Electric Vehicle Hub

Thailand Wants to be an Electric Vehicle Hub

Not content with being regarded as the Detroit of the East, Thailand is now aiming to be the electric vehicle hub in the region.

Thailand’s Energy Ministry is planning to give its full support in promoting the country as a production hub for electric vehicles. Narongchai Akrasanee, Thailand’s Energy Minister announced that his office would amend regulations to see that this plan will take off.

According to Pichet Durongkaveroj, Minister Science and Technology of Thailand, demand for electric vehicles has increased dramatically over the last five years. It is expected to continue its rise.

Being an electric vehicle hub would help the country achieve the goal of the Energy Ministry and help the country capitalize on the strong demand for EV batteries and parts.

“EVs are expected to be the new industry trend, reducing carbon dioxide emissions and saving limited oil resources,” said Pichet at the launching ceremony of the Auto Parts Tech Day held at the Thailand Science Park in Pathum Thani province.

“The global automobile industry is focusing on EVs and biofuel vehicles, while Thailand is a hub for one-ton pick-ups and eco-car production,” explained Pichet. “It’s a natural fit for the country to prepare for EV output,” he continued.

The minister said that his office plans to train staff and construct facilities for electric cars and offer investment incentives to attract investors. Also on the table are plans to coordinate with universities in setting up fuel-cell training courses which will be included in the field of mechanical engineering with the objective of creating EV experts.

As an additional support for the program, the ministry has assigned Thailand Science Park as an EV parts R&D center. The ministry also plans to designate an industrial estate as a special-innovation zone (SIZ) to create new products for the EV industry.

For this last project, the ministry is set to discuss incentive packages for eligible investors with the country’s Board of Investment and National Economic and Social Development Board.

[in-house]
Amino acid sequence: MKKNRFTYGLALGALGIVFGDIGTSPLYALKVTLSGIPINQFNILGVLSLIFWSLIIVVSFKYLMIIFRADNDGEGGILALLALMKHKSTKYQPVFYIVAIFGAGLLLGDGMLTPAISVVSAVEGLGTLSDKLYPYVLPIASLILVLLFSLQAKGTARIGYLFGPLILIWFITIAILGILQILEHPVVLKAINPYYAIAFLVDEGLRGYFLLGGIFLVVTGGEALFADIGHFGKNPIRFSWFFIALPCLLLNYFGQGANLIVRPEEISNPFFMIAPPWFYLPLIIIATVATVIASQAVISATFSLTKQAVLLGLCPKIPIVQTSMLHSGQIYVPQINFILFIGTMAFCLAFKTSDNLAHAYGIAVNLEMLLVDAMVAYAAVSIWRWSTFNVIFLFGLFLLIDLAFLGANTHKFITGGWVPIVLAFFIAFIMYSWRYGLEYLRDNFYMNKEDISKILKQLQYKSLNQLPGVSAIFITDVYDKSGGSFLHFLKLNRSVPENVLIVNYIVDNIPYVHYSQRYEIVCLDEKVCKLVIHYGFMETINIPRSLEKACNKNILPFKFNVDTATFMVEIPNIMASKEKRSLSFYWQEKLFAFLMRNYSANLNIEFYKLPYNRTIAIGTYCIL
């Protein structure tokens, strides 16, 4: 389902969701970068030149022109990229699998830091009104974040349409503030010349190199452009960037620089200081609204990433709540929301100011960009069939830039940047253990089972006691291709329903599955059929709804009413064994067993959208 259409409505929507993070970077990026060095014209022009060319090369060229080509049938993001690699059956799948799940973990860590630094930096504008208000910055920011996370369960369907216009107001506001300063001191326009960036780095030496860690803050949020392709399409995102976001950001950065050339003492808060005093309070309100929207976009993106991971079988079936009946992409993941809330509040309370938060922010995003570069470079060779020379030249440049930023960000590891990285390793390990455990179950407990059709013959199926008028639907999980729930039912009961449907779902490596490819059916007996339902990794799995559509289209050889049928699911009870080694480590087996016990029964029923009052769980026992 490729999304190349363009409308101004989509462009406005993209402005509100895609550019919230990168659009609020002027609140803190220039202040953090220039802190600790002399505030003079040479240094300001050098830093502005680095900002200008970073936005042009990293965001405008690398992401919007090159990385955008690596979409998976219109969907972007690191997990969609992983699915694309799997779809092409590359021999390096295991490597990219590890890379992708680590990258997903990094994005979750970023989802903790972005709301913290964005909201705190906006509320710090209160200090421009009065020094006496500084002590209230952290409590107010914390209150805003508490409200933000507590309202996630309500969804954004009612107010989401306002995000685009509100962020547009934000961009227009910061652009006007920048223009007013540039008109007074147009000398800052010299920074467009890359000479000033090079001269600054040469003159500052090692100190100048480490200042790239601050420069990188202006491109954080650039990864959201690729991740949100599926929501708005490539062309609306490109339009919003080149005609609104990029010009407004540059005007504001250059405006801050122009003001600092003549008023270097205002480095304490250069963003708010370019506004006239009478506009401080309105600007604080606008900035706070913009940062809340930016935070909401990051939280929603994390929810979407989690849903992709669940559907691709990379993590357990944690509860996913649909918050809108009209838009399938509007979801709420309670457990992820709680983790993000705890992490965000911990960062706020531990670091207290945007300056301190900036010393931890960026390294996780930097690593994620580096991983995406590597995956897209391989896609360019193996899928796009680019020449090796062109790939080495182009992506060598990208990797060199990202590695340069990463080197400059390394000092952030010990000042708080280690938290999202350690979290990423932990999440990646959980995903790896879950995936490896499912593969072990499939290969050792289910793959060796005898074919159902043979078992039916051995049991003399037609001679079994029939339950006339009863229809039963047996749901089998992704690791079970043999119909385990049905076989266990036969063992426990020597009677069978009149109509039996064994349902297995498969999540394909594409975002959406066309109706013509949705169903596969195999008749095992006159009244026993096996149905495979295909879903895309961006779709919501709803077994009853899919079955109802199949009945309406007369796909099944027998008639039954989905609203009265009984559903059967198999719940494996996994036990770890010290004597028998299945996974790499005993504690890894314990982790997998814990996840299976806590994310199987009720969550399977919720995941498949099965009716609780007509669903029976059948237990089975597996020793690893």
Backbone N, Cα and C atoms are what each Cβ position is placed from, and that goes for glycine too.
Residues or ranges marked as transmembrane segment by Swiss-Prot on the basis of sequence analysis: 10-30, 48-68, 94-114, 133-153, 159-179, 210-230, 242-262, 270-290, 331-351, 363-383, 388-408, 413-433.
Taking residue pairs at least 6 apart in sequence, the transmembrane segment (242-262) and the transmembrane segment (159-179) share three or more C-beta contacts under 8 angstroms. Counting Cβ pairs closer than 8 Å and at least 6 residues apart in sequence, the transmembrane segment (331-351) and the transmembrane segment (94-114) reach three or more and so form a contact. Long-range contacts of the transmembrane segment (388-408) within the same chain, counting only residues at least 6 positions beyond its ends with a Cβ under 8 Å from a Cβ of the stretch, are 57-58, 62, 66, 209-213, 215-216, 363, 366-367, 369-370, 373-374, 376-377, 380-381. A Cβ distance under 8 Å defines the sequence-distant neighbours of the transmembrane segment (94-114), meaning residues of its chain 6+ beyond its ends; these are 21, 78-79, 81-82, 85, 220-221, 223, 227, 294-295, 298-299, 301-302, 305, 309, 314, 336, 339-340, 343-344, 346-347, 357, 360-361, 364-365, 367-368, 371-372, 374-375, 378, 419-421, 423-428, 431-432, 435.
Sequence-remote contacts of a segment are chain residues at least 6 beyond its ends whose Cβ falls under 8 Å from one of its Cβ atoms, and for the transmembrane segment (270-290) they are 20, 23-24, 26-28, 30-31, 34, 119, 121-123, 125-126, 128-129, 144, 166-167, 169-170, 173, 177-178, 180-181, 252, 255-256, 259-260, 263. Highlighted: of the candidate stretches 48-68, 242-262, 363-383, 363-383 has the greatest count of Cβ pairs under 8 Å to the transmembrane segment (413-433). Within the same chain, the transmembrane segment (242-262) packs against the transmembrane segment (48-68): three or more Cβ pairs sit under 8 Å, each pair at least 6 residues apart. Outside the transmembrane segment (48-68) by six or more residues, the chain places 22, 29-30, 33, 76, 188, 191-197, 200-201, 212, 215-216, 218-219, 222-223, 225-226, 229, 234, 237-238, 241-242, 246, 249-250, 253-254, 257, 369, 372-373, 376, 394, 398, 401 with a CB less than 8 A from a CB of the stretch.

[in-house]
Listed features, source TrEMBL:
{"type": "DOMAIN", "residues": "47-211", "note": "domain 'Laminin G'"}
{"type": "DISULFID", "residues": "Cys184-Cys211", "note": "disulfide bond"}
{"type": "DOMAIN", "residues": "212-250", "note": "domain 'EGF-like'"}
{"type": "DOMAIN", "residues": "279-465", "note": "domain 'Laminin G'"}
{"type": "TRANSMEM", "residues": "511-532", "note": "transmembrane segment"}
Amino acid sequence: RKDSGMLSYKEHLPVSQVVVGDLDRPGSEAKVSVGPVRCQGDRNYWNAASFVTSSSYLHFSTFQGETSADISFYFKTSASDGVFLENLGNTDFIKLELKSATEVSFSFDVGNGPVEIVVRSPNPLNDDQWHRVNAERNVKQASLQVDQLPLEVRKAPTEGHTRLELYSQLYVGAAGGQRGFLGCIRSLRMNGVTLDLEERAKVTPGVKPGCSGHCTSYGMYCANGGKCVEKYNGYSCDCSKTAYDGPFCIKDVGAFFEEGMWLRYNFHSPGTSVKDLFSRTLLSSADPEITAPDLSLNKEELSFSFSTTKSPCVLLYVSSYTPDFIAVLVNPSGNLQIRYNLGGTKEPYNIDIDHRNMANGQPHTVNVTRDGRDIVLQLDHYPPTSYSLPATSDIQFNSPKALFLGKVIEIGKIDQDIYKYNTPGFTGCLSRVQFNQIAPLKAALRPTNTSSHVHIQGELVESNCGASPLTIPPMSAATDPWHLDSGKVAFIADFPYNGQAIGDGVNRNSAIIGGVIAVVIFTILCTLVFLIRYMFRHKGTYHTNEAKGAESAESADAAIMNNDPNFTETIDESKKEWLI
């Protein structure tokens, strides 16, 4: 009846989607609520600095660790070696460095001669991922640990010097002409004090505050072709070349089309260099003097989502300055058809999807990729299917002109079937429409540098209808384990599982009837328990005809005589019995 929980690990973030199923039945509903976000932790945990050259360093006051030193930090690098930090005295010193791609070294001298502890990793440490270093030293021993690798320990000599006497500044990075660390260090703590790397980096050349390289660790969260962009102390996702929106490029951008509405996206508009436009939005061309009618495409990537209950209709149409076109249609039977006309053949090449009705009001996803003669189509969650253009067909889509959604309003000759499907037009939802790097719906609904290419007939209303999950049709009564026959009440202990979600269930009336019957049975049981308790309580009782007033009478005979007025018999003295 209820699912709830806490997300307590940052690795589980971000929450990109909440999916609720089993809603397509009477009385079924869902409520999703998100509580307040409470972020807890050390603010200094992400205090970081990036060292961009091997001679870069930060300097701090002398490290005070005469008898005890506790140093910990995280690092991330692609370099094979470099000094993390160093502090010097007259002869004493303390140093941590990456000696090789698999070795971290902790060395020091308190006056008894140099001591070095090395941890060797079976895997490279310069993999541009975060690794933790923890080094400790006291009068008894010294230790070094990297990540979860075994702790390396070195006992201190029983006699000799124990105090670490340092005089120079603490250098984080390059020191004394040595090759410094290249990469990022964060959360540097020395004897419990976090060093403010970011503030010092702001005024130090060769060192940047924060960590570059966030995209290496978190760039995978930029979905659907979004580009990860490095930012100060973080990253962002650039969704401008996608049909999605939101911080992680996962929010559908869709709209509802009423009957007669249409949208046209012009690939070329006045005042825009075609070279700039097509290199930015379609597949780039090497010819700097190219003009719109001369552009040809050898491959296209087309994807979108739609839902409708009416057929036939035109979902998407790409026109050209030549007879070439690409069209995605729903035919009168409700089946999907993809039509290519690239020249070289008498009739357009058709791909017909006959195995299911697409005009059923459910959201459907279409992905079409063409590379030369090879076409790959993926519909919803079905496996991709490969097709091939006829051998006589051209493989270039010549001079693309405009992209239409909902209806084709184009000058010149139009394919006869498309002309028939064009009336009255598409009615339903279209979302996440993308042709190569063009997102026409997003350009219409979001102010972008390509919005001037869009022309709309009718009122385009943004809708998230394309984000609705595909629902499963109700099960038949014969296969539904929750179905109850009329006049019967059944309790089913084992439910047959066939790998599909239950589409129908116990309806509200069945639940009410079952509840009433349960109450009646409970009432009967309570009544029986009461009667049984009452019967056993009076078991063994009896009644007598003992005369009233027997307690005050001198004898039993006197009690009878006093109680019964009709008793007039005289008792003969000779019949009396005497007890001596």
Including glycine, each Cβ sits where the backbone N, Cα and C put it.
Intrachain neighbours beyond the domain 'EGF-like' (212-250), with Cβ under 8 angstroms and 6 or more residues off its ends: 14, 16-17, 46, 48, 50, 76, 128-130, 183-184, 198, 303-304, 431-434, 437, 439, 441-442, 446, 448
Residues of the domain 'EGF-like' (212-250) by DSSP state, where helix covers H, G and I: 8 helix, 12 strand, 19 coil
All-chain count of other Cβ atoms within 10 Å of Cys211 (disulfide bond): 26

There are a number of organizations which are already conducting electric vehicle testing ranging from small cars to large buses. These include the Metropolitan Electricity Authority, the PTT Plc and the Provincial Electricity Authority and a number of universities.

The military-led Thai government is bound to face stiff competition with its neighboring country, Malaysia. In late 2014, Mohamad Madani Sahari, CEO of the Malaysia Automotive Institute announced that they will introduce two EV models by 2017 with a price of less than RM 100k per unit.

A report was also made that MAI will coordinate the EV project, and will set aside RM 10 million for local companies to conduct electric car R&D. Since the battery constitutes approximately 30% of the overall price of an EV, MAI will also work with electric car manufacturers to introduce a battery leasing concept.

Malaysia’s bid to be the EV hub of the region was given a boost recently when Chinese carmaker Beijing Auto International Corporation selected Malaysia to be its regional electric vehicle manufacturing hub. A manufacturing plant in Kedah is expected to start operations by July 2016.

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